What the Massachusetts General study demonstrates is that sometimes declining extraordinary treatments does not hasten death and can even prolong life. The choice to decline aggressive medical care can help people live more comfortably in there own homes or in hospice facilities that a generally more peaceful and pleasant than hospitals. The decision to decline aggressive treatments is usually a decision to focus on quality of life rather than quantity. ‘Aggressive treatment might help me live longer,’ the thinking often goes, ‘but I would rather be as comfortable as possible at home with my family.’ The “shocking” evidence of his study (to use Dr. Dugdale’s word) was that, in the cases they considered, those who chose aggressive treatment did not live longer. Choosing quality of life resulted in greater quantify of life as well. All decisions need to be made on a case-by-case basis. It seems, however, that choosing to decline aggressive treatments is very often the better choice.

All of us should acknowledge our finitude and consider carefully–and well before the end–our quality-of-life goals when evaluating treatment options.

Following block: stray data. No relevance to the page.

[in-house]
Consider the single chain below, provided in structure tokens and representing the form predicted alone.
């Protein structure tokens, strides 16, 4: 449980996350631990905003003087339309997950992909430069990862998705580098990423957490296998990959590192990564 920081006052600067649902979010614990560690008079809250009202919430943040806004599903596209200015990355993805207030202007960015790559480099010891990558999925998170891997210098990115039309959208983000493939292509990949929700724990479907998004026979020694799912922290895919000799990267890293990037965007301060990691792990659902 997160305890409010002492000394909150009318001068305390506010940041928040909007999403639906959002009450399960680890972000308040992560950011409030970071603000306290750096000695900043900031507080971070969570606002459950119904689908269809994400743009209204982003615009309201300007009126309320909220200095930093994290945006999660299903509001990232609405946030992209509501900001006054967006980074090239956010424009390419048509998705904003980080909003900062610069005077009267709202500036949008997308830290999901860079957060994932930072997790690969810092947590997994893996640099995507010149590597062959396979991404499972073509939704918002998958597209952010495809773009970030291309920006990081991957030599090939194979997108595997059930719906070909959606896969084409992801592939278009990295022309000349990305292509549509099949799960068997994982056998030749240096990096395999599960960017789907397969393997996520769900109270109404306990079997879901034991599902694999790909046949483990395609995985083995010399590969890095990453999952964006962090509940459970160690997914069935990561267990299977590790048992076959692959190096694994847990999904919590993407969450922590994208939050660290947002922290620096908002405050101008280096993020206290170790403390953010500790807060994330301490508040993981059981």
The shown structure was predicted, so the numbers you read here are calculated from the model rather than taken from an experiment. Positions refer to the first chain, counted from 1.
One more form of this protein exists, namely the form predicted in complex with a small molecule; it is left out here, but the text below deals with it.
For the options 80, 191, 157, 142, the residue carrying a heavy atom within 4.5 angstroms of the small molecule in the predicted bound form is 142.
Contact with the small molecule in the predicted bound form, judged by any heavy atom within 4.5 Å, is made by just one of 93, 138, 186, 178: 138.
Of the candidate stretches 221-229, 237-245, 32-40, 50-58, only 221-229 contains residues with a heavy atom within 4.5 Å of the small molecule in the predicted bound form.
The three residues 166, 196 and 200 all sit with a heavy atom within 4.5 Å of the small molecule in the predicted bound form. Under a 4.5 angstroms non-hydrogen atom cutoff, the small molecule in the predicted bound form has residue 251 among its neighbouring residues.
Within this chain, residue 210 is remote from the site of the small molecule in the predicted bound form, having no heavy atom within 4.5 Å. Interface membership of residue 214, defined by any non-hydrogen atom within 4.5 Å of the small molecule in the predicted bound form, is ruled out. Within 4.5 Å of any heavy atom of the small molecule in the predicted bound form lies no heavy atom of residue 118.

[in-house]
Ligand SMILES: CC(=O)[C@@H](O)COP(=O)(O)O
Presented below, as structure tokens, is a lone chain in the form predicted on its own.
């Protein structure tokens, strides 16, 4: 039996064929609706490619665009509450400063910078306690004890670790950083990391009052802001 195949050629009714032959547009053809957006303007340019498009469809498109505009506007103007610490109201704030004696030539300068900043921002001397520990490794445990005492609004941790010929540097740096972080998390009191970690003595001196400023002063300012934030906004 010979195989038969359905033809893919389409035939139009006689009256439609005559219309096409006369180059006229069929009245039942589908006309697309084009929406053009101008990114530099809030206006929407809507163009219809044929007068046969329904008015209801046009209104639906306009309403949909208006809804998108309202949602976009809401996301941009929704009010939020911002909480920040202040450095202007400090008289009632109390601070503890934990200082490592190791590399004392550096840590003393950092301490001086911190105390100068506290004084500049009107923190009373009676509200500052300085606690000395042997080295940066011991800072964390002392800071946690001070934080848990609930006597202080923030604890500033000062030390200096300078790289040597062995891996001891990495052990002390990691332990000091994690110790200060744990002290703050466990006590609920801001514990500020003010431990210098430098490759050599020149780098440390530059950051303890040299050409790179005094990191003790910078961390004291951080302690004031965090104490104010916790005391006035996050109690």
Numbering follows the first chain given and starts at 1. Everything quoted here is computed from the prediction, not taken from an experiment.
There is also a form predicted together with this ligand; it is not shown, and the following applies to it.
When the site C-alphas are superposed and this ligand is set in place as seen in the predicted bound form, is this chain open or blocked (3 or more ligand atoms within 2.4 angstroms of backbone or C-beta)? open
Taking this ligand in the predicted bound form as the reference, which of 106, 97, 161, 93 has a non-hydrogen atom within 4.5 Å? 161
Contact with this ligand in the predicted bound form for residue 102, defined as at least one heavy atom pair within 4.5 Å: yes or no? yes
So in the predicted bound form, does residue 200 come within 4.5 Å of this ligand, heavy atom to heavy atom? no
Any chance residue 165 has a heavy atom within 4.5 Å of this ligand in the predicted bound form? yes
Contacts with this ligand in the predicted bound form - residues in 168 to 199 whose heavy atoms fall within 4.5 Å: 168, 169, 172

Page 194

Right on!

For some people, CPR imposes far more burdens than benefit. Reviving someone who had died comes at a tremendous cost to that person’s quality of life.

Page 196-197

‘Don’t save my mother’ is a hard thing to say. But if your mother’s situation is anything like Mr. Turner’s, described in the first chapter of this book, you have to say that. In order to make good decisions in such emotionally-charged circumstances, we need to think ahead and be prepared. If I know in advance that CPR would not be the right choice for my parents in the event they become frail or chronically ill, and I prepare myself and my family to make the hard decisions we might have to make, I will be much better able to make those hard but good choices when the time comes.

Here are several articles I have written about end-of-life health care for anyone who might be interested.